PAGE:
What's important to remember, is that when it comes to small business - the tax picture is more complex and simply comparing business owners to employees is unfair. Employees have access to EI (including maternity savings), TFSAs, RRSPs, sometimes pensions, often disability insurance, often maternity leave top-ups, Employment Standards regulations and recourse, minimum wage, over time, etc. Small business owners often put their personal assets on the line to back the operations of their businesses, and at the end of the day must put the needs of their employees, the CRA and their clients ahead of themselves. The small business owner gets paid last and might well lose everything with their venture. It is also important to note that the business owner pays tax twice - a corporate tax (when the money remains in the company), and then personal income taxes (when the money is taken out of the company to fund personal needs - housing, food, clothing, etc.) Further, business owners have based many decisions on what is long standing tax law (more than 40 years) - and unlike individuals, they do not have the luxury of planning for a year, but often must plan for the decades ahead.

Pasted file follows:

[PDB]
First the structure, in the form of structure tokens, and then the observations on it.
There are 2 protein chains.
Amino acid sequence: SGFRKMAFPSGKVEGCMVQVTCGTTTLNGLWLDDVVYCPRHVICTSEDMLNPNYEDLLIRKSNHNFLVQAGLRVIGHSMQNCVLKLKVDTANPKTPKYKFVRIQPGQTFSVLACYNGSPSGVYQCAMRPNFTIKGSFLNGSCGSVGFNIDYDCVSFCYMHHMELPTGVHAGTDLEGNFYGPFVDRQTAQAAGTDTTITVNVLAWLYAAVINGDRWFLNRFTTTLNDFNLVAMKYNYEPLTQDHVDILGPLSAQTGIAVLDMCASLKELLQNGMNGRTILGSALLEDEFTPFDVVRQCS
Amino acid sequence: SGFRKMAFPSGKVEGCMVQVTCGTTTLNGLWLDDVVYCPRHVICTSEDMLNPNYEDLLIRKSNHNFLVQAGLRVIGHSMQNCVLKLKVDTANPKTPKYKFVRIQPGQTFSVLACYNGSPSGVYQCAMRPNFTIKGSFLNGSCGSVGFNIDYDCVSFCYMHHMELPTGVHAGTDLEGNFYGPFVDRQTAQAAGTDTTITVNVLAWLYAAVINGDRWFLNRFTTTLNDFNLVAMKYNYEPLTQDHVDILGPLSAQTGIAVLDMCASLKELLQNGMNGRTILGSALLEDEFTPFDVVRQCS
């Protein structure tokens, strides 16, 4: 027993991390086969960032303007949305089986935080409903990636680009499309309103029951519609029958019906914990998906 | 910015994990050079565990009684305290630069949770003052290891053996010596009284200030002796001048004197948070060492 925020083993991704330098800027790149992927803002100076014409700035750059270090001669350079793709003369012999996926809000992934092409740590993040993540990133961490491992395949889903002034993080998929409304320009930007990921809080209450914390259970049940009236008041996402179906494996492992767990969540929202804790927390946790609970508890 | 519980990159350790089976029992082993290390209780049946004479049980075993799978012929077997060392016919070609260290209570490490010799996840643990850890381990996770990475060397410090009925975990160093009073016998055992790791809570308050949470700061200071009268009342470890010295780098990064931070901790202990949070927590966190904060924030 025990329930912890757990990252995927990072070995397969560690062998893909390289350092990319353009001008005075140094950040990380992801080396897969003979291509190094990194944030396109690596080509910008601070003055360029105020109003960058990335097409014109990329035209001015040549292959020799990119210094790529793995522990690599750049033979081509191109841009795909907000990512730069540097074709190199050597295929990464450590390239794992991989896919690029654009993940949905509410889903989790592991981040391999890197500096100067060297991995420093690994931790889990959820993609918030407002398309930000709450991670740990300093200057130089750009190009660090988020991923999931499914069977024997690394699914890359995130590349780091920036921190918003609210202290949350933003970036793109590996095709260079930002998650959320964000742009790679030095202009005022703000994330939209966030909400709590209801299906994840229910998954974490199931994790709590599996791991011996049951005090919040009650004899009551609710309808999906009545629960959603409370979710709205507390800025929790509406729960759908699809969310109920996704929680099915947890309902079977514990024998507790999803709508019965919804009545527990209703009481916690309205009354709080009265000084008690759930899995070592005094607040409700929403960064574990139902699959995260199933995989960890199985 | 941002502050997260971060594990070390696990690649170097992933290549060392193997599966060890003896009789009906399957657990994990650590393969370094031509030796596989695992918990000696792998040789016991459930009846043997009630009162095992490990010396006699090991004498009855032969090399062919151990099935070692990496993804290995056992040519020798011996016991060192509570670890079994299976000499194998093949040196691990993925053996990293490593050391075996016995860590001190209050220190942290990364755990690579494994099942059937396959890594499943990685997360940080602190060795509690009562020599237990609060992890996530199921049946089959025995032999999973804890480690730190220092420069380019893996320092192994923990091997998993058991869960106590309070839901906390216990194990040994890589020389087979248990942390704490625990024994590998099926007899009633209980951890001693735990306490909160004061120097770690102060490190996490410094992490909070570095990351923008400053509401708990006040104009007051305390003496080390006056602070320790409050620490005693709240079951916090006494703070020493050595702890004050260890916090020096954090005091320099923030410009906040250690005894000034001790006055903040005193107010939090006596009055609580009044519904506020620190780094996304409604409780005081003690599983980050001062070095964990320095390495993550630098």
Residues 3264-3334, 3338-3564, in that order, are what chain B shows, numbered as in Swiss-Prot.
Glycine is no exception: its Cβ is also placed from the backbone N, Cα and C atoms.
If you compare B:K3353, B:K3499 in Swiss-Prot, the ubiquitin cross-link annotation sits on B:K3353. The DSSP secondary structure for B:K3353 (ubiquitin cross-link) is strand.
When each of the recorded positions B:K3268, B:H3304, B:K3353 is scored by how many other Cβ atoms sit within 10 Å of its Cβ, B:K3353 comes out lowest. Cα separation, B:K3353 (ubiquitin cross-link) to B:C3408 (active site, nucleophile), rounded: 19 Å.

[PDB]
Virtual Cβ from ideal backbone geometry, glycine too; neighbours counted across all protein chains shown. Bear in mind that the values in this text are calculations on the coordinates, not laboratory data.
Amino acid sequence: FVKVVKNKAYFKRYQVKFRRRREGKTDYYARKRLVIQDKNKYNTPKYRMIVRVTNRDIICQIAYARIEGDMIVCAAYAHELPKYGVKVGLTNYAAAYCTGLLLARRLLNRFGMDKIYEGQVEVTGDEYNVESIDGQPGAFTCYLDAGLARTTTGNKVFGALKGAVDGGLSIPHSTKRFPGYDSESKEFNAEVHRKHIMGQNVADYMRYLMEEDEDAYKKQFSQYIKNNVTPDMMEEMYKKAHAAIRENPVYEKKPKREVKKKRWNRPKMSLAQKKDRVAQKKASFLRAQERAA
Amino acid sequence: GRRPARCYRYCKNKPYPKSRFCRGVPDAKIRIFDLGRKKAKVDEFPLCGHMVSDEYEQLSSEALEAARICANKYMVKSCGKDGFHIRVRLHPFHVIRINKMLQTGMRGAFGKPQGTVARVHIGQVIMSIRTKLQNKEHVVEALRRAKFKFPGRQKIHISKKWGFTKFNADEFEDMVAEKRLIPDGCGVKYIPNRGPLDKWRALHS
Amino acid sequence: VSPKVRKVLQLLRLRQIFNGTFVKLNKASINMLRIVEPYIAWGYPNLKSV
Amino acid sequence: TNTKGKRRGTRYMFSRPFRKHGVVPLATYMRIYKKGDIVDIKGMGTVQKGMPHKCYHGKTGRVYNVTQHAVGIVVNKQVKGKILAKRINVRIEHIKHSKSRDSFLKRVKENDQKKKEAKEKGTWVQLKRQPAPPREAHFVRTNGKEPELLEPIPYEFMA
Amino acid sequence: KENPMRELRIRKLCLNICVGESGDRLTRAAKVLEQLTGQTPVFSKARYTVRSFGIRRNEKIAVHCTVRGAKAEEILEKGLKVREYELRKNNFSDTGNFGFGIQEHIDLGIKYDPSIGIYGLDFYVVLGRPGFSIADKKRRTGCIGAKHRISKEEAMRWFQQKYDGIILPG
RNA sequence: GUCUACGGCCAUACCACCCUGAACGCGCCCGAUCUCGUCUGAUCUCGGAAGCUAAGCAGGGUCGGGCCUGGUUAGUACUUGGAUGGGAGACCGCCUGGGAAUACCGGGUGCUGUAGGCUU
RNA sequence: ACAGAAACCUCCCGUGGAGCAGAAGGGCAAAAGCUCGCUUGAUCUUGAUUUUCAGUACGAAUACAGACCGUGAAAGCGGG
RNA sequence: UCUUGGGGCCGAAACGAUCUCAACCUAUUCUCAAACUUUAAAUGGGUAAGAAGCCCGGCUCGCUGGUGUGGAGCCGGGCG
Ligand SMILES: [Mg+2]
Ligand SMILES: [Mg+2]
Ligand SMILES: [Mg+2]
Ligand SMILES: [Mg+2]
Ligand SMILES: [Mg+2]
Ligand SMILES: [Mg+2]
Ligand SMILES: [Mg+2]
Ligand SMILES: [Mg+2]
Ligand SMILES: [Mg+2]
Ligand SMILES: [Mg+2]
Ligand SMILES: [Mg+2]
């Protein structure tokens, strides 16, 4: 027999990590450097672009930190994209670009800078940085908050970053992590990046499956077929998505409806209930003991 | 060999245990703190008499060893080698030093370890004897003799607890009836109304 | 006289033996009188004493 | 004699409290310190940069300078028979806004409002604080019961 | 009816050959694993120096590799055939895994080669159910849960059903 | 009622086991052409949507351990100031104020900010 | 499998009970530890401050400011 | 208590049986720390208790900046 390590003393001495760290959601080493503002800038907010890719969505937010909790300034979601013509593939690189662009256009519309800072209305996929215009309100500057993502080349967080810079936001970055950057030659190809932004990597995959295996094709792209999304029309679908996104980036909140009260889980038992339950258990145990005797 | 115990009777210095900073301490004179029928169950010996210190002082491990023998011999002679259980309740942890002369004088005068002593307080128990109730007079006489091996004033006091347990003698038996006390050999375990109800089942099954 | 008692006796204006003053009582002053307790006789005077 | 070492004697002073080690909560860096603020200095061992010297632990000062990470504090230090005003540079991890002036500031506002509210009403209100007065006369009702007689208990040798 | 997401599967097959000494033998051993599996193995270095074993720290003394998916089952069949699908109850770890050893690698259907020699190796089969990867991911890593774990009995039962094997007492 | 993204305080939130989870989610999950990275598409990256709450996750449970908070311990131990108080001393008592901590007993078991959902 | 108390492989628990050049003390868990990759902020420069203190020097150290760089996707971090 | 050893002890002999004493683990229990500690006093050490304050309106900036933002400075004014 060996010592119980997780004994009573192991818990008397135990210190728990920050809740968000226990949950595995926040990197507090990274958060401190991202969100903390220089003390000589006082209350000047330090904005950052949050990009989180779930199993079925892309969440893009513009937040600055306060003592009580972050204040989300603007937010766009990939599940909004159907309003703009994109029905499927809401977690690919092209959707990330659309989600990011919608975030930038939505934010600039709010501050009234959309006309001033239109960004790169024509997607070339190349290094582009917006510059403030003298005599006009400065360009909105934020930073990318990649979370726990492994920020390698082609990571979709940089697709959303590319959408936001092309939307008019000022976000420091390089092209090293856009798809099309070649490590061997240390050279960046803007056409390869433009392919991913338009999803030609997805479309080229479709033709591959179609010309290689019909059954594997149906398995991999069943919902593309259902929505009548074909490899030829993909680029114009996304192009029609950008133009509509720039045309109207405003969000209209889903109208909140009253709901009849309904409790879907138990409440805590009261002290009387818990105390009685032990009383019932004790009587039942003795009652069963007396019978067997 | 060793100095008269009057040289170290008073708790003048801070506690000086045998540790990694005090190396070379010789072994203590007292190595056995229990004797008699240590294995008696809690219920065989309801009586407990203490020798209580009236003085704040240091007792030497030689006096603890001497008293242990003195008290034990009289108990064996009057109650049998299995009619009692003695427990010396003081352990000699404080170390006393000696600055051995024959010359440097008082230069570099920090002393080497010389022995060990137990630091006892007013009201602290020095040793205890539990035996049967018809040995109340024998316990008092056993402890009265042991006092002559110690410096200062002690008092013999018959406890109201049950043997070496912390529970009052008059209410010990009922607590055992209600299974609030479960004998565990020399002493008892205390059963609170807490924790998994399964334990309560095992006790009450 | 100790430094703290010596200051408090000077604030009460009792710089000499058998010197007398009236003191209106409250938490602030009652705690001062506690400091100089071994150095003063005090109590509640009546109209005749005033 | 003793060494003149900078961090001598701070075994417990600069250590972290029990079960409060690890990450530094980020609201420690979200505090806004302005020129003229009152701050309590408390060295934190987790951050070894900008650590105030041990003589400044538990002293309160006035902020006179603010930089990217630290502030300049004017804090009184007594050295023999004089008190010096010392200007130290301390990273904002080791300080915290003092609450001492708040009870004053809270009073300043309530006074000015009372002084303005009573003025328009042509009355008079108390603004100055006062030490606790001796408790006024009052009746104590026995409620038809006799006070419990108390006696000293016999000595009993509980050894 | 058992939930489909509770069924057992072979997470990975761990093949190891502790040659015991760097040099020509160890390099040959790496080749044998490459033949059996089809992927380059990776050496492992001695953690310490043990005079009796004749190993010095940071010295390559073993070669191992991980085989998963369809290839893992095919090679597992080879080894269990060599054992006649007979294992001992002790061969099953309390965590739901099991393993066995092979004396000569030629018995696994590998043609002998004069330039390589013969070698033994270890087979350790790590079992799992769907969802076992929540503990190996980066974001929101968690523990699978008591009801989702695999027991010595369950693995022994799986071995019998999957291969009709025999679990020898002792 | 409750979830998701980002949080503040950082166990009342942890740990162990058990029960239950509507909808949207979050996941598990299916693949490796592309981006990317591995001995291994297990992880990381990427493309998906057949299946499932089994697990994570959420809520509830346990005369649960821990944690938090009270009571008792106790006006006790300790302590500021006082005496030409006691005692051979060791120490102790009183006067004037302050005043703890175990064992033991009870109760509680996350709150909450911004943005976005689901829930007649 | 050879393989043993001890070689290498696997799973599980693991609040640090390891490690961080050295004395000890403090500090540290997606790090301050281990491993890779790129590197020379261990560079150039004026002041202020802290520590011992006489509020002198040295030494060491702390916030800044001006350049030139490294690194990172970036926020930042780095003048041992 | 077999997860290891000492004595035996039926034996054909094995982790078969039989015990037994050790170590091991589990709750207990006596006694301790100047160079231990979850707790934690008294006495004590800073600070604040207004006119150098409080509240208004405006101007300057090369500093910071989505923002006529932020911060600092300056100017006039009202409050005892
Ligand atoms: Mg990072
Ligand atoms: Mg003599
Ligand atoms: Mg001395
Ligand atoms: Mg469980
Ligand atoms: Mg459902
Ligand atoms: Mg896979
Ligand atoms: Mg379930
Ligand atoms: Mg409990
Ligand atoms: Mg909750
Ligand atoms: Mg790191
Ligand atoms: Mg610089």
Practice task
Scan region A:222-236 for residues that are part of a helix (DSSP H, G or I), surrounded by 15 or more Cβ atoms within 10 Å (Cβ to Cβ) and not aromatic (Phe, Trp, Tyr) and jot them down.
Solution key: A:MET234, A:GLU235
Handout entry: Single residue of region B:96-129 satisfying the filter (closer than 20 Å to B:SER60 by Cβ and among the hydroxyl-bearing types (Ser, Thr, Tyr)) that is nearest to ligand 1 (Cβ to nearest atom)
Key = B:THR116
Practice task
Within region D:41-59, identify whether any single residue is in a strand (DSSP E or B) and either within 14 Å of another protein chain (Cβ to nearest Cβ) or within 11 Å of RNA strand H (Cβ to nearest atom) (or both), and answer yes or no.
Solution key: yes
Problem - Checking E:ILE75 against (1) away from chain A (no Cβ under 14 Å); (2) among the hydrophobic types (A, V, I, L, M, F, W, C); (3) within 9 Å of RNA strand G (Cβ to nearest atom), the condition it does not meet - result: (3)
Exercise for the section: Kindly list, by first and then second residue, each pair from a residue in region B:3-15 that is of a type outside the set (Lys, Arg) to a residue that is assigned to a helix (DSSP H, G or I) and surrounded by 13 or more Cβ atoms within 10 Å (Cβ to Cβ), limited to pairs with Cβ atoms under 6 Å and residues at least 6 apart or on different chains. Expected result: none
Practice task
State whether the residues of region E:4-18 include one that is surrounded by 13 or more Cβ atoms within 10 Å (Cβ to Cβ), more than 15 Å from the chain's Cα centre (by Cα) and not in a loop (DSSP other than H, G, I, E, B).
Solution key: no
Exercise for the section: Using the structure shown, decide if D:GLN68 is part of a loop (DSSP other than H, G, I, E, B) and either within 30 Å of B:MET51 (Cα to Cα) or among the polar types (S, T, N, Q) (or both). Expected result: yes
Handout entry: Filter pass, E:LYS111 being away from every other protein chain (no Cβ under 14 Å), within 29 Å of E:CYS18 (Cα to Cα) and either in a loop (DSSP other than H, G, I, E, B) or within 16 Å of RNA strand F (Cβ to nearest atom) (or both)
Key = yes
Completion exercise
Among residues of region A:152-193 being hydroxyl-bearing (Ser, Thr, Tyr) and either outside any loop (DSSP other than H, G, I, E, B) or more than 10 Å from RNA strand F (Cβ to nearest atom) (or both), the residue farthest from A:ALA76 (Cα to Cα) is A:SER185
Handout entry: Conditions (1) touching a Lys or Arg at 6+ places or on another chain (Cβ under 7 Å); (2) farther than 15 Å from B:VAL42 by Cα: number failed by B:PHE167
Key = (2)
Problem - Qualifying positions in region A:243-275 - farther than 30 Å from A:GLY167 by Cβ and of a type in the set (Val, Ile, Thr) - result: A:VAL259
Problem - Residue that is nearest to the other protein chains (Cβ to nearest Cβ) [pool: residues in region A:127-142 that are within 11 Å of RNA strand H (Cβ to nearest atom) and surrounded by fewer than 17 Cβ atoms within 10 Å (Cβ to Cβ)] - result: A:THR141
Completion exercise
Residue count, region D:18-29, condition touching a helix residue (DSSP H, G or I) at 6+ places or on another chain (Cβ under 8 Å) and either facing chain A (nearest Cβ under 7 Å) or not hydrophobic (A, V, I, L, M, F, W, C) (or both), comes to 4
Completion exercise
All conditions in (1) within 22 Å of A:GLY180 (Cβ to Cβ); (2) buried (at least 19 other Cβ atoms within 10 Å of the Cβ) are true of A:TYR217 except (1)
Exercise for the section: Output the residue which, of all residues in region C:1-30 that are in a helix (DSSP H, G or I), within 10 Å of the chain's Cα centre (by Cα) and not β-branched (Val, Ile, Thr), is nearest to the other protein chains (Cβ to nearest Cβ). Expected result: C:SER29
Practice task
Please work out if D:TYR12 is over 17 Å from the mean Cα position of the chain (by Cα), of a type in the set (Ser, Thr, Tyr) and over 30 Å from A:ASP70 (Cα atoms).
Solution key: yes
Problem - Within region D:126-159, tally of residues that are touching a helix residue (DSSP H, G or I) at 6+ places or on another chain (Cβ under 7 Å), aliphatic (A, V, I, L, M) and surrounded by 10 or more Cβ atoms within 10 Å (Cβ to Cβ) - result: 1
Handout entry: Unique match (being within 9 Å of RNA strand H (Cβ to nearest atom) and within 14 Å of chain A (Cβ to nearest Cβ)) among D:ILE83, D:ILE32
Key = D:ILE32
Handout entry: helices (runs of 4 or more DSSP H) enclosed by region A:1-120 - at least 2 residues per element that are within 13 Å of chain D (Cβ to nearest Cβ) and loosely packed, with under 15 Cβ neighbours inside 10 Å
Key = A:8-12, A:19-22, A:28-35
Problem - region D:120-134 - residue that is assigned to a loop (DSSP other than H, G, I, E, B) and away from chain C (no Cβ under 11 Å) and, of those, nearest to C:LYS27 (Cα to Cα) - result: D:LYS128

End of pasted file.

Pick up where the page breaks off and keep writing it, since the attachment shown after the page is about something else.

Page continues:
So let's say you decide to quit the day job and start a small business. Great! Now reality - what are the odds that you're going to be able to do that, and do it successfully without a supportive spouse? Keep in mind that a small business, and in particular a new small business is a demanding venture. (There's an apt saying, you have the "flexibility" to choose which 18 hours of the day you work). Who will take on the load to make sure you can focus on getting the business going and making it a success? Everything else doesn't stop - the kids still need to get to and from school, people need clean clothes, meals need to be made, bills need to paid (really true if it's the partner's day job that is mitigating the risk). Your long work hours take a toll - and now the government is telling you that you can't "share the income" from the business with the person who likely a) gave consent to start it in the first place. b) put family assets at risk for it. c) is taking on the load of the domestic duties (more so when there are kids involved). As an aside, what do you think will happen to the divorce rate among small business owners when the "sprinkling" provision is eliminated? Now, also a reality of small businesses is that they demand a redirection of resources. In part to mitigate the risk of an unforeseen contingency and in part to finance future growth. Are you going to sink funds into your personal TFSA and RRSP and RESPs - funds that can't be used easily by the business should the need arise, or are you going to be able to put all your money into the business? Under the current rules, the choice to direct funds to the business is defensible and reasonable - under the changes it won't be possible, business owners will have to choose to take the money personally (paying personal tax on it, and then if they do put it into a RRSP, or RESP they may not be able to withdraw it later for business needs). So, these small businesses will have less corporate resources available to fund unforeseen contingencies (some of which can be really expensive!) or future growth. Under the current rules, the business owner could be reassured that the funds in the business could be used later as a form of pension (and taxed when taken), disability insurance (taxed when taken as income), or to fund children's post secondary education (again taxed in the hands of the child). Businesses need this flexibility and ability to plan and pay for life events (note - if a business owner is wanting a family, then need to plan for their own maternity leave including paying to ensure the business can continue during that time) and business needs. On the note of tax fairness - I think it's fair that taxation occur at the "family level" - many benefits are based on "family income" so it makes sense that families be taxed as a family and the removal of income splitting from all families was a travesty of the current government.